• mint: fresh sprigs — try them in a mojito
  • thyme: sprigs — try it in a gin & tonic
  • basil: leaves, sprigs
  • parsley: great for Bloody Mary mix
  • sage: leaves
  • lemongrass: stems
  • lavender: flowers/sprigs, dried that’s sprinkled into a drink
  • tarragon: sprigs
  • cilantro: sprigs — great for savory drinks like the Bloody Caesar
A purple and white flower and mango slices on a skewer sit atop a tropical cocktail.

Floral garnishes

Flowers — yes flowers! — can also make gorgeous garnishes and flavors to add to a drink. Think lavender syrup or elderflower liqueur. Most flowers have a flavor similar to their fragrance, but some are surprising. Check out this list of edible flowers for more about what they taste like.

Some flowers can be used as garnishes on a drink, frozen into ice cubes or dried and then used to make syrups and sugars, like this lavender sugar rim.

Before you freeze them into flower ice cubes or use them to garnish a drink, be sure they are edible flowers. Not all flowers are edible. Some flowers are poisonous, so you want to be careful which flowers you use. Also, keep in mind that you should never eat flowers that have been treated with pesticides.

Here is a shortlist of flowers you can use for garnishes:

Rosemary sprigs, cinnamon sticks and star anise lay on a white wooden background alongside two stemless wineglasses filled with ice and golden liquid garnished with apple slices and spices

Spices

We’ll count spices as a botanical since they were technically plants once. They add cozy spice to tons of drinks, either when used to make the drink or added as a garnish.

Because they are dried, whole spices can be toasted or slightly burnt with a butane torch. Try a smoked old-fashioned by burning crushed cinnamon sticks or adding a flaming cinnamon stick for a garnish.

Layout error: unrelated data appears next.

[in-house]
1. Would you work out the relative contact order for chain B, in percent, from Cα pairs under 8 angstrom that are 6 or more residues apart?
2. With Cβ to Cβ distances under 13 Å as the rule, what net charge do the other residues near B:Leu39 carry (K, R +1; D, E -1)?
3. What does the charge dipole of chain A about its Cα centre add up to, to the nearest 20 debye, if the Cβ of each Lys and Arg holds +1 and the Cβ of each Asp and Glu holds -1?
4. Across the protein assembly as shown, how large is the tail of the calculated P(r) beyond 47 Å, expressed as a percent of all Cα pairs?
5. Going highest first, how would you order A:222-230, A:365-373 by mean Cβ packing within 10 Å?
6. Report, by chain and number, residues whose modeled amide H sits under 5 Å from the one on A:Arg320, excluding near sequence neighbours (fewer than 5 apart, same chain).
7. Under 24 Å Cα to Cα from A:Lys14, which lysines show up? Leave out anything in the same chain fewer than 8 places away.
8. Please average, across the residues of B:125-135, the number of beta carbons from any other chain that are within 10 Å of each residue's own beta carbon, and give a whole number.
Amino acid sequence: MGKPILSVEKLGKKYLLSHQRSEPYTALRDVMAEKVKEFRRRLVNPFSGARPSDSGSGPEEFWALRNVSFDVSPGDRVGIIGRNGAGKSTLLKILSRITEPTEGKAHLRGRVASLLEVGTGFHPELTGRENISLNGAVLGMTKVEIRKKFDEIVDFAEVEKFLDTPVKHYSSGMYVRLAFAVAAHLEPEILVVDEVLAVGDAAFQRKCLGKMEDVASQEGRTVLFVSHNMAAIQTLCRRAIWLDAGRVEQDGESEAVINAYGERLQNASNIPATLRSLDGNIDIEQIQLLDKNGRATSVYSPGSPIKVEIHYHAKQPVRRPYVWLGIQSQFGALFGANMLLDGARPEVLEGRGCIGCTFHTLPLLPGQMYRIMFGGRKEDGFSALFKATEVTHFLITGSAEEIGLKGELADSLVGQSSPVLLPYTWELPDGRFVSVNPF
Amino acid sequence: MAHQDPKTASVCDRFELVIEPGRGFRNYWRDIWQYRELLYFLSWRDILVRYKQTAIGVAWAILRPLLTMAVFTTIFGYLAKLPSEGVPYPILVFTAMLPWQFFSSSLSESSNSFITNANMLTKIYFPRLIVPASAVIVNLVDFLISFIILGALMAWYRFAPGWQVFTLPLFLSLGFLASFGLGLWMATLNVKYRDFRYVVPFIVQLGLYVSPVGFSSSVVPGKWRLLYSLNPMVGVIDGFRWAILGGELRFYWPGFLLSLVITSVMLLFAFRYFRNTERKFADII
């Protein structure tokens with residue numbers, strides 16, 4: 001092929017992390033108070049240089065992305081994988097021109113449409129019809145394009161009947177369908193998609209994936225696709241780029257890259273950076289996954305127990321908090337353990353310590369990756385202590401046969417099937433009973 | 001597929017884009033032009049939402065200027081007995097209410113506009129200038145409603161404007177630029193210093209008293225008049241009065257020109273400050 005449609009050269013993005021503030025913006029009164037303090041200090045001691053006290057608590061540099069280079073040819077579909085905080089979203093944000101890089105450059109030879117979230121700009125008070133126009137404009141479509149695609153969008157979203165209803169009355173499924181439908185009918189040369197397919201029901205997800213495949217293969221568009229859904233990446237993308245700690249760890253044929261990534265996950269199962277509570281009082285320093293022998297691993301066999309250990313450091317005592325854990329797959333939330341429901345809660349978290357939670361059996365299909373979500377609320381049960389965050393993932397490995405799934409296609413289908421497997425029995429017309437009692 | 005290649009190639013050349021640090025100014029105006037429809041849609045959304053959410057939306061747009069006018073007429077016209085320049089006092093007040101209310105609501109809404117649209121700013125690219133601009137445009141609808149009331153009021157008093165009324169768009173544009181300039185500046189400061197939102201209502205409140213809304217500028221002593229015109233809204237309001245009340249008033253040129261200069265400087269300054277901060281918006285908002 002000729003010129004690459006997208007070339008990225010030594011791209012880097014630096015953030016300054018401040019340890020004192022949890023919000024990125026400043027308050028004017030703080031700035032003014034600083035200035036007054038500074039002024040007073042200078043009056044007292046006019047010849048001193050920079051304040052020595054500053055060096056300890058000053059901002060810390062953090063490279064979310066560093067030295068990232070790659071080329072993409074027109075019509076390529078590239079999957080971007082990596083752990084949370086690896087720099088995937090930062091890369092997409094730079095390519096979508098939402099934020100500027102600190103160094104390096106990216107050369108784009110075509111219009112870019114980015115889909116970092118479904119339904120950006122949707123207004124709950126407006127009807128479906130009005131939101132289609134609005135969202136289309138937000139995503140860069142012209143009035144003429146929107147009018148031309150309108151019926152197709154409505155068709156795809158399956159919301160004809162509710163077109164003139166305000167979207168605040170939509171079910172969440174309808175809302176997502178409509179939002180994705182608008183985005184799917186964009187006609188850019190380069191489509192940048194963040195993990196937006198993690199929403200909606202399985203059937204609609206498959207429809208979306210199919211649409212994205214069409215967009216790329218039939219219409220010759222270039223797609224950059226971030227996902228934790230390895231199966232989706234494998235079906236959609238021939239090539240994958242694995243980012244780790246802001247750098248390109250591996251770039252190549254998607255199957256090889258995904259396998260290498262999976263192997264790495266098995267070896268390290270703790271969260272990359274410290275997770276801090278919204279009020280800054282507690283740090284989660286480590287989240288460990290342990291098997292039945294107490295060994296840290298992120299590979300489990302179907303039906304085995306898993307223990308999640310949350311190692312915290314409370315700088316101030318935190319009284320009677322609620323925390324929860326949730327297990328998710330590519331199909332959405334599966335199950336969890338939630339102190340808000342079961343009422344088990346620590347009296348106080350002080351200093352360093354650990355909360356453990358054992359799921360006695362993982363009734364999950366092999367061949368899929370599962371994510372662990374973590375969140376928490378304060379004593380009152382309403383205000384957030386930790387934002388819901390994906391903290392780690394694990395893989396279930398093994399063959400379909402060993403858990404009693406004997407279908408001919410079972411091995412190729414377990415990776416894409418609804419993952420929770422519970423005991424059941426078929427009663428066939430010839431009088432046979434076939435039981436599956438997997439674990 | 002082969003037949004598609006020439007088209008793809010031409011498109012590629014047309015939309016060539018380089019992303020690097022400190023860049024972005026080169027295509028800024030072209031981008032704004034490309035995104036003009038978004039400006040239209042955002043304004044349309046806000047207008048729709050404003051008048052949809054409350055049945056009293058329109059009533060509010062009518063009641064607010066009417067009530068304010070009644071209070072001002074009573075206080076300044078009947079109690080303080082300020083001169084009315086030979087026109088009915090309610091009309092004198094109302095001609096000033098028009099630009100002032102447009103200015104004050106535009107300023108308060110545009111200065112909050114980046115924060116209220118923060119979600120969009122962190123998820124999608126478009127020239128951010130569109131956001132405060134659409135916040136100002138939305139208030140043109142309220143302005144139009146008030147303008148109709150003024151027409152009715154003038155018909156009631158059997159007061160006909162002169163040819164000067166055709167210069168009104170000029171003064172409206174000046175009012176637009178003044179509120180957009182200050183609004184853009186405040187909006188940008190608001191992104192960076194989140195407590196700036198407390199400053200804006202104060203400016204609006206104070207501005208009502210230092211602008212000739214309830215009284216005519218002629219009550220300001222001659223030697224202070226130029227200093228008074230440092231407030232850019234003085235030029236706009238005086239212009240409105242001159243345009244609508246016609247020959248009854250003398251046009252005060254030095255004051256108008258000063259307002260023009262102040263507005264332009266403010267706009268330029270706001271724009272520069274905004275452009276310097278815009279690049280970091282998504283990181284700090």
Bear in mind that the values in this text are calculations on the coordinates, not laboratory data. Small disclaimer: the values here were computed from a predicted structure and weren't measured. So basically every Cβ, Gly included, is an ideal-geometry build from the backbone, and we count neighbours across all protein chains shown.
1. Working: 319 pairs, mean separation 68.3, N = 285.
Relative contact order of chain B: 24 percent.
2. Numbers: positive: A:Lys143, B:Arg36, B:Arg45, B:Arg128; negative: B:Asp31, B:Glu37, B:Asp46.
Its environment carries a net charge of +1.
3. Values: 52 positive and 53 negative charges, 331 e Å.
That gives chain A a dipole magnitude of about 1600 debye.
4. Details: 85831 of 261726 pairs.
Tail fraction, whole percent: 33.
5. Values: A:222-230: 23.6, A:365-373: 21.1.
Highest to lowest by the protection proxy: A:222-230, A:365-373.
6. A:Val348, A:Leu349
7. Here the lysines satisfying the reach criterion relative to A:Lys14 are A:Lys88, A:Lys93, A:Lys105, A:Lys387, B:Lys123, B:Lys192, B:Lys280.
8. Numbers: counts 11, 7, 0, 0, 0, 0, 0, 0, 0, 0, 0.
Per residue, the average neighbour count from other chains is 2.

You can also use ground spices, but they can leave a gritty texture and don’t spread very nicely over top of a drink; they work better in a sugar or salt rim.

  • cinnamon sticks: Add one to mulled wine for a pretty effect
  • cinnamon sugar rim: It’s so easy to make your own.
  • star anise
  • grated nutmeg: Use a microplane and do so just before serving
  • candied ginger
  • whole cloves
a whiskey sour on in a coupe glass

Bitters

Made from botanicals, bitters can add a visual element as well as fragrance and flavor. The whiskey sour is most famous for its bitters garnish, but it would also work on any foamy egg white drink, like a clover club.

Bitter are is often dropped with precision on top of egg white cocktails, which have a foamy layer on top. You can leave them as circle-shaped drops, or use a toothpick or cocktail pick to drag the dots to form hearts or other shapes.

A fluted glass with creamy brown cocktails and a layer of cream on top.

Dairy garnishes

I know this one sounds weird, but hear me out. Cheese can be used as a garnish on a Bloody Mary, and you can also make sweet creams to go on sweet drinks. Make sense now?

  • cheese cubes
  • mozzarella pearls
  • whipped cream
  • boozy whipped cream
  • sweet cream
  • scoop of ice cream
  • scoop of gelato
  • popsicle
garnishes on a spicy Bloody Mary

Meat & seafood garnishes

Some cocktails can have meat as their garnish. Usually these are savory cocktails, but there could be a sweet-and-salty thing going on, too. And if you were using a bacon-washed bourbon, for example, a bacon garnish might be just the perfect thing.

  • bacon
  • candied bacon
  • shrimp
  • oysters
  • pepperoni
  • pizza bagels
  • cheeseburger sliders: not one of the weirdest Bloody Mary garnishes I’ve seen, surprisingly
frozen margaritas with tajin rims

Rims for cocktails